• Graham County Soil & Water Conservation District v. U.S. ex rel. Wilson
    Authored with: Vogel, Slade & Goldstein, LLP
    Whether an audit and investigation performed by a State or its political subdivision constitutes an “administrative ... report ... audit, or investigation” within the meaning of the public disclosure jurisdictional bar of the False Claims Act, 31 U.S.C. § 3730(e)(4)(A).

  • U.S. ex rel. Gohil v. Aventis Pharmaceuticals
    Whether the district court erred in ordering the relator to produce, to the defendants, unredacted documents that reveal the relator’s communications with the government during a four-and-one-half-year period during which the relator’s qui tam complaint was under seal while the government investigated the relator’s allegations of fraud against the defendants.

  • ACLU v. Holder (Eastern District of Virginia)
    Authored with: Cook & Kitts, PLLC and Vezina & Gattuso, LLC
    The district court was correct in its rulings that: the False Claims Act does not violate first amendment rights, that appellants do not have the standing to challenge the status of hypothetical or real relators, that the False Claims Act is one out of many options taken by relators to combat fraud, and that the seal does not violate the separation of powers.

  • U.S. ex rel. Eisenstein v. City of New York
    Where the United States elects not to proceed with a qui tam action under the False Claims Act, and the relator instead conducts the action for the United States, must a notice of appeal be filed within the 60- day period provided for in Fed. R. App. P. 4(a)(1)(B), applicable when the United States is a “party,” or the 30-day period provided for in Fed. R. App. P. 4(a)(1)(A)?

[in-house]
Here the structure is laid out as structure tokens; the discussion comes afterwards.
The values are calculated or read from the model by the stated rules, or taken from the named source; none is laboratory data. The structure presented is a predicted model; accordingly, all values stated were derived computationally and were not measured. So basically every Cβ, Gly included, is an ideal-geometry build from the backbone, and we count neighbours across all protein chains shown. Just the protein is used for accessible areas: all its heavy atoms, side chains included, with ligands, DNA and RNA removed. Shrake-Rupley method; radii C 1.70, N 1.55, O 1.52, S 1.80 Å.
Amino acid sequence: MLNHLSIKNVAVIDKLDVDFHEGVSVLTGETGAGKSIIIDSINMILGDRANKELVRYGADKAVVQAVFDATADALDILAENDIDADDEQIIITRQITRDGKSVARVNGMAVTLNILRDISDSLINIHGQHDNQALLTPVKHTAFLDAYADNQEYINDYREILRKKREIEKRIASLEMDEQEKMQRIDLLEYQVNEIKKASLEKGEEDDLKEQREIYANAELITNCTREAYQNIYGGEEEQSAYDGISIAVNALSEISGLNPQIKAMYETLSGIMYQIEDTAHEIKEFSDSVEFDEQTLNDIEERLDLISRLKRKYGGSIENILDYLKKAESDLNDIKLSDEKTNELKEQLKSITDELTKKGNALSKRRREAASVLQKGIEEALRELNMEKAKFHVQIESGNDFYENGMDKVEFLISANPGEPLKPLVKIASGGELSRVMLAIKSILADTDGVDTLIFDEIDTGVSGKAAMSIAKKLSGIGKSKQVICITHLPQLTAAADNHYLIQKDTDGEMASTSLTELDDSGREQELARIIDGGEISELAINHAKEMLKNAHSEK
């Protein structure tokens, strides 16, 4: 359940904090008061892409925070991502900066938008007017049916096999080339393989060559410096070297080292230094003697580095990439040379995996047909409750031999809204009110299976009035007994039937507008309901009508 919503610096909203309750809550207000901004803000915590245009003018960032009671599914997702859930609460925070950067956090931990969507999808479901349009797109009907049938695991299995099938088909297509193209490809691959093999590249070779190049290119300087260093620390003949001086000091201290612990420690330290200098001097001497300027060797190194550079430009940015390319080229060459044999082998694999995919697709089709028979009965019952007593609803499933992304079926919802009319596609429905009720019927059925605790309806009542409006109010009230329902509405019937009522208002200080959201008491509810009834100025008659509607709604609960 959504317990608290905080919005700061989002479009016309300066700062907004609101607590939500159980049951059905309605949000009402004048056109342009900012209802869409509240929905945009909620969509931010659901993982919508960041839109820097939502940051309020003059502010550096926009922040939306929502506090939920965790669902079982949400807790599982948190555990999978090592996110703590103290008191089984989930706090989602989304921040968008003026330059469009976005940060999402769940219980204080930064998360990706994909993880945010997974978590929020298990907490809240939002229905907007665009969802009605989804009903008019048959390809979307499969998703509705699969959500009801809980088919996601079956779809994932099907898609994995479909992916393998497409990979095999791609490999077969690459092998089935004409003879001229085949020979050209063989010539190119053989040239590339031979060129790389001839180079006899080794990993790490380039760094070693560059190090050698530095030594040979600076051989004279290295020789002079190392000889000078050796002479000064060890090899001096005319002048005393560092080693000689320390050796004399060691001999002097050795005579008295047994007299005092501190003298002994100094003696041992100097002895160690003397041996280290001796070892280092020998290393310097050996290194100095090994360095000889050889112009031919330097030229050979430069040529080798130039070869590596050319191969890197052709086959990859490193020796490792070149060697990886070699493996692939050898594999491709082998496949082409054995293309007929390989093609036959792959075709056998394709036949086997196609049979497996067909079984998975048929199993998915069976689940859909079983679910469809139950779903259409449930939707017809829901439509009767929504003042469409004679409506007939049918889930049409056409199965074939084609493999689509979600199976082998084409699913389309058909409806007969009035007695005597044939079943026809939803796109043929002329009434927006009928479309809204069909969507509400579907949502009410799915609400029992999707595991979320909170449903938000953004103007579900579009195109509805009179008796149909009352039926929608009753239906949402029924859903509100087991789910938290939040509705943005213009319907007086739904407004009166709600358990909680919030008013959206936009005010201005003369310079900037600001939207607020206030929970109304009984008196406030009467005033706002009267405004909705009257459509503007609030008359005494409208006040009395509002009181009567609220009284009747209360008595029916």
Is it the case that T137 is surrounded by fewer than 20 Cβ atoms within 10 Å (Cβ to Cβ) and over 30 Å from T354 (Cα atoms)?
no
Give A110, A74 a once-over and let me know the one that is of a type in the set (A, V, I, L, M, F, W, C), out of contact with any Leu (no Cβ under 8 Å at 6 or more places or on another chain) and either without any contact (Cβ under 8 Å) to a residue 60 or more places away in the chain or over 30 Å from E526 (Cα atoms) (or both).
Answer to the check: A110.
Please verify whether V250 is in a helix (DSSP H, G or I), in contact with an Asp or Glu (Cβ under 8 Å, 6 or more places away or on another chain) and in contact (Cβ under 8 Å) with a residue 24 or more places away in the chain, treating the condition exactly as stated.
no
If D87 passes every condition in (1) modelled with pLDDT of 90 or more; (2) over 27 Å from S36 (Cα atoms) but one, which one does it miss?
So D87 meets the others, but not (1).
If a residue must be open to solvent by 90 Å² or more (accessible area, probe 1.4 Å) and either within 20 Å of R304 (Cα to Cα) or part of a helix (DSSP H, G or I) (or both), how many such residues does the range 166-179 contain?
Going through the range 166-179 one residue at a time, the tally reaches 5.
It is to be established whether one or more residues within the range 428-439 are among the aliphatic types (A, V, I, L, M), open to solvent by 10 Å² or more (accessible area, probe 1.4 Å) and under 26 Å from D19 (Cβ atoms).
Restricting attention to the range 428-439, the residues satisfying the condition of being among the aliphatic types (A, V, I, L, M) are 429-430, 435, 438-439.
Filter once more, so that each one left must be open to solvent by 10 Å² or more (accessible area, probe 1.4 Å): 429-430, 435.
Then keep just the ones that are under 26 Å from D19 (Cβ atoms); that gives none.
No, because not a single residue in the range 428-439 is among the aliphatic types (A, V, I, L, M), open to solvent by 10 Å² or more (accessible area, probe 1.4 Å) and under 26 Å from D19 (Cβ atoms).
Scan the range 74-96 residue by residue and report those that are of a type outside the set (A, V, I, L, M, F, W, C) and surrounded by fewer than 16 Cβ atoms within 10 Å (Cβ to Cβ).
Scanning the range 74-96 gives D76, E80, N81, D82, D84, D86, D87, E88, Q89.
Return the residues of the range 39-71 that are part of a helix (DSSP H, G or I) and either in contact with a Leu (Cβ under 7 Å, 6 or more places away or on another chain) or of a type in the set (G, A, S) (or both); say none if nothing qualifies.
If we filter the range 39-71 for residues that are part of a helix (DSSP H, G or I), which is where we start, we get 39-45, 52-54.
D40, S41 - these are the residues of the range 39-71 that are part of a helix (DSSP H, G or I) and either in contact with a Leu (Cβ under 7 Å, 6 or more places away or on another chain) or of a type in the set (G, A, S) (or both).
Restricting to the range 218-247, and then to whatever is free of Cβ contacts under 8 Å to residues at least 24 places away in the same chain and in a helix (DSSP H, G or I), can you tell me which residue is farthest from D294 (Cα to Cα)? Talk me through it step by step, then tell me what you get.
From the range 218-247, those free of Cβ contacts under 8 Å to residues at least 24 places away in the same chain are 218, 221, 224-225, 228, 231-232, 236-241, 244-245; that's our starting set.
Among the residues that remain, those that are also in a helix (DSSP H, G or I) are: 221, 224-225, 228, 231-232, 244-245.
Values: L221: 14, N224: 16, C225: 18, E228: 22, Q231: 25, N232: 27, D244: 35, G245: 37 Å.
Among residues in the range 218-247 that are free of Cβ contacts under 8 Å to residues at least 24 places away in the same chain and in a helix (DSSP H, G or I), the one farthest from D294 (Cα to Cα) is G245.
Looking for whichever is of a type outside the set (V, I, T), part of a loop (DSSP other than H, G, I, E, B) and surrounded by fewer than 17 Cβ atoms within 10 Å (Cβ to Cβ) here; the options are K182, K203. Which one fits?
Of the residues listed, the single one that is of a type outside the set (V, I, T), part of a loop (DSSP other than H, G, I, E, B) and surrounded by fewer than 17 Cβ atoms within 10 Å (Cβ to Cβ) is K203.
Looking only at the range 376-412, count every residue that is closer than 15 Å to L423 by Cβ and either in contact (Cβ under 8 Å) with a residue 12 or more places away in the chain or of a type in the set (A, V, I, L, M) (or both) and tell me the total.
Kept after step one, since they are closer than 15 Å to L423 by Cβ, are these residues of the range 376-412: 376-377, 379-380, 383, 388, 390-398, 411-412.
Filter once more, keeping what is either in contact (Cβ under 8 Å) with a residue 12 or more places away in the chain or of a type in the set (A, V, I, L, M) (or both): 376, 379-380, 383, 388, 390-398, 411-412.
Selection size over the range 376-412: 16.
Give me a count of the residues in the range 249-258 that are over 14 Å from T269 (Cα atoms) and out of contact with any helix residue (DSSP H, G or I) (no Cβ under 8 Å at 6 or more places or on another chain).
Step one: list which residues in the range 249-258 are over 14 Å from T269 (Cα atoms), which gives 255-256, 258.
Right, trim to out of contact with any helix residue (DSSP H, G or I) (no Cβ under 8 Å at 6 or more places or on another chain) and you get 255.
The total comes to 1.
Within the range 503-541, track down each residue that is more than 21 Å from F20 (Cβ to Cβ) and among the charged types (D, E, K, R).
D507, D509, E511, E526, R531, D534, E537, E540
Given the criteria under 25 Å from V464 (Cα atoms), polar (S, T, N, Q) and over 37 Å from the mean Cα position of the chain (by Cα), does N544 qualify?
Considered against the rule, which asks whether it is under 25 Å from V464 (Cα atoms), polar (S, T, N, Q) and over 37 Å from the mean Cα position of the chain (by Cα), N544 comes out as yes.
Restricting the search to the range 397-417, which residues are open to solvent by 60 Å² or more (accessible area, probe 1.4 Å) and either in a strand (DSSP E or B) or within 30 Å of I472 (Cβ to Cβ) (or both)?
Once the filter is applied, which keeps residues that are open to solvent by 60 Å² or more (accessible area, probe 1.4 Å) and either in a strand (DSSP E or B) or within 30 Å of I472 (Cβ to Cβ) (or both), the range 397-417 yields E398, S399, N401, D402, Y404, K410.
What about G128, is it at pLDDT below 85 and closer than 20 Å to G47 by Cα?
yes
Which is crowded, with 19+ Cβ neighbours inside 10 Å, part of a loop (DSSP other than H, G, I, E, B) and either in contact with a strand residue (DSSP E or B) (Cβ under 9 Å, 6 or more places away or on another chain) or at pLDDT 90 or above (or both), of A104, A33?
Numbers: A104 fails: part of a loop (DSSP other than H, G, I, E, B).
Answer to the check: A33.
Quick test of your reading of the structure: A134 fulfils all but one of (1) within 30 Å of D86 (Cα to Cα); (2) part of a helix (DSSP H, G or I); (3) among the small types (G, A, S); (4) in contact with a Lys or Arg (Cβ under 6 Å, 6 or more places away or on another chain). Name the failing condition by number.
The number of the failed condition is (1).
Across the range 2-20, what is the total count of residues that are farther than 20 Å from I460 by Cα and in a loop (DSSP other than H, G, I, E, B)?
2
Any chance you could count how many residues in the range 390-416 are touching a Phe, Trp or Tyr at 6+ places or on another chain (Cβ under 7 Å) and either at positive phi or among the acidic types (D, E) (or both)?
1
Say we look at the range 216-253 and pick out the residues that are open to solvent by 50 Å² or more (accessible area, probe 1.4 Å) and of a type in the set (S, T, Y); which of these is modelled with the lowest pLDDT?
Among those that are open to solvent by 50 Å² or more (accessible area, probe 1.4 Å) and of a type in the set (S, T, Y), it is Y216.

• U.S. ex rel. Frazier v. IASIS Healthcare Corporation - October, 2008
    Authored with: Bothwell Bracker & Vann, PC
    Whether the district court erred in holding that Federal Rule of Civil Procedure 9(b) requires Relator in a False Claims Act qui tam suit to plead details about specific false claims, even when Relator alleged that Defendant submitted false certifications of compliance on cost reports, and that each claim was submitted to federal health care programs and originated from illegal referrals from physicians, which rendered all claims false or fraudulent. Whether the district court abused its discretion in holding that granting leave to amend would be futile, and dismissing complaint with prejudice, when the court agreed that the complaint could state a claim, that this was the first challenge to the sufficiency of the pleadings under Rule 9(b), that the amendments described by the district court’s opinion were not required by precedent, and that Relator offered to amend.

  • U.S. ex rel. Duxbury v. Ortho Biotech Products
    Whether the district court erred in dismissing the relator’s False Claims Act qui tam suit against a pharmaceutical company on the grounds that the relator did not possess actual claims evidence at the pleading stage of litigation.

  • U.S. ex rel. LaCorte v. Merck & Co.
    The Court does not have the power to review terms of a settlement for fairness, adequacy or reasonableness, since the parties have already agreed to the terms of the settlement. Additionally, there is no statutory basis for reducing a relator’s share to below 15% since the relator did not conduct criminal activity, violate the False Claims Act.

  • Allison Engine Company v. U.S. ex rel. Sanders
    Whether United States Navy subcontractors that make false claims for federal Government money can be liable under 31 U.S.C. § 3729(a)(2) or (a)(3) of the False Claims Act, even if the subcontractors’ false claims were not presented to an officer or employee of the United States Government or a member of the Armed Forces of the United States.

  • Welch v. Chao
    Authored with: Taylor & Associates and The Employment Law Group, PC
    The SOX whistleblower provisions are unquestionably remedial in nature and Congress intended that they be interpreted broadly to encourage reporting and allow whistleblowers to help enforce securities laws.

  • U.S. ex rel. Lowman v. Hilton Head Health System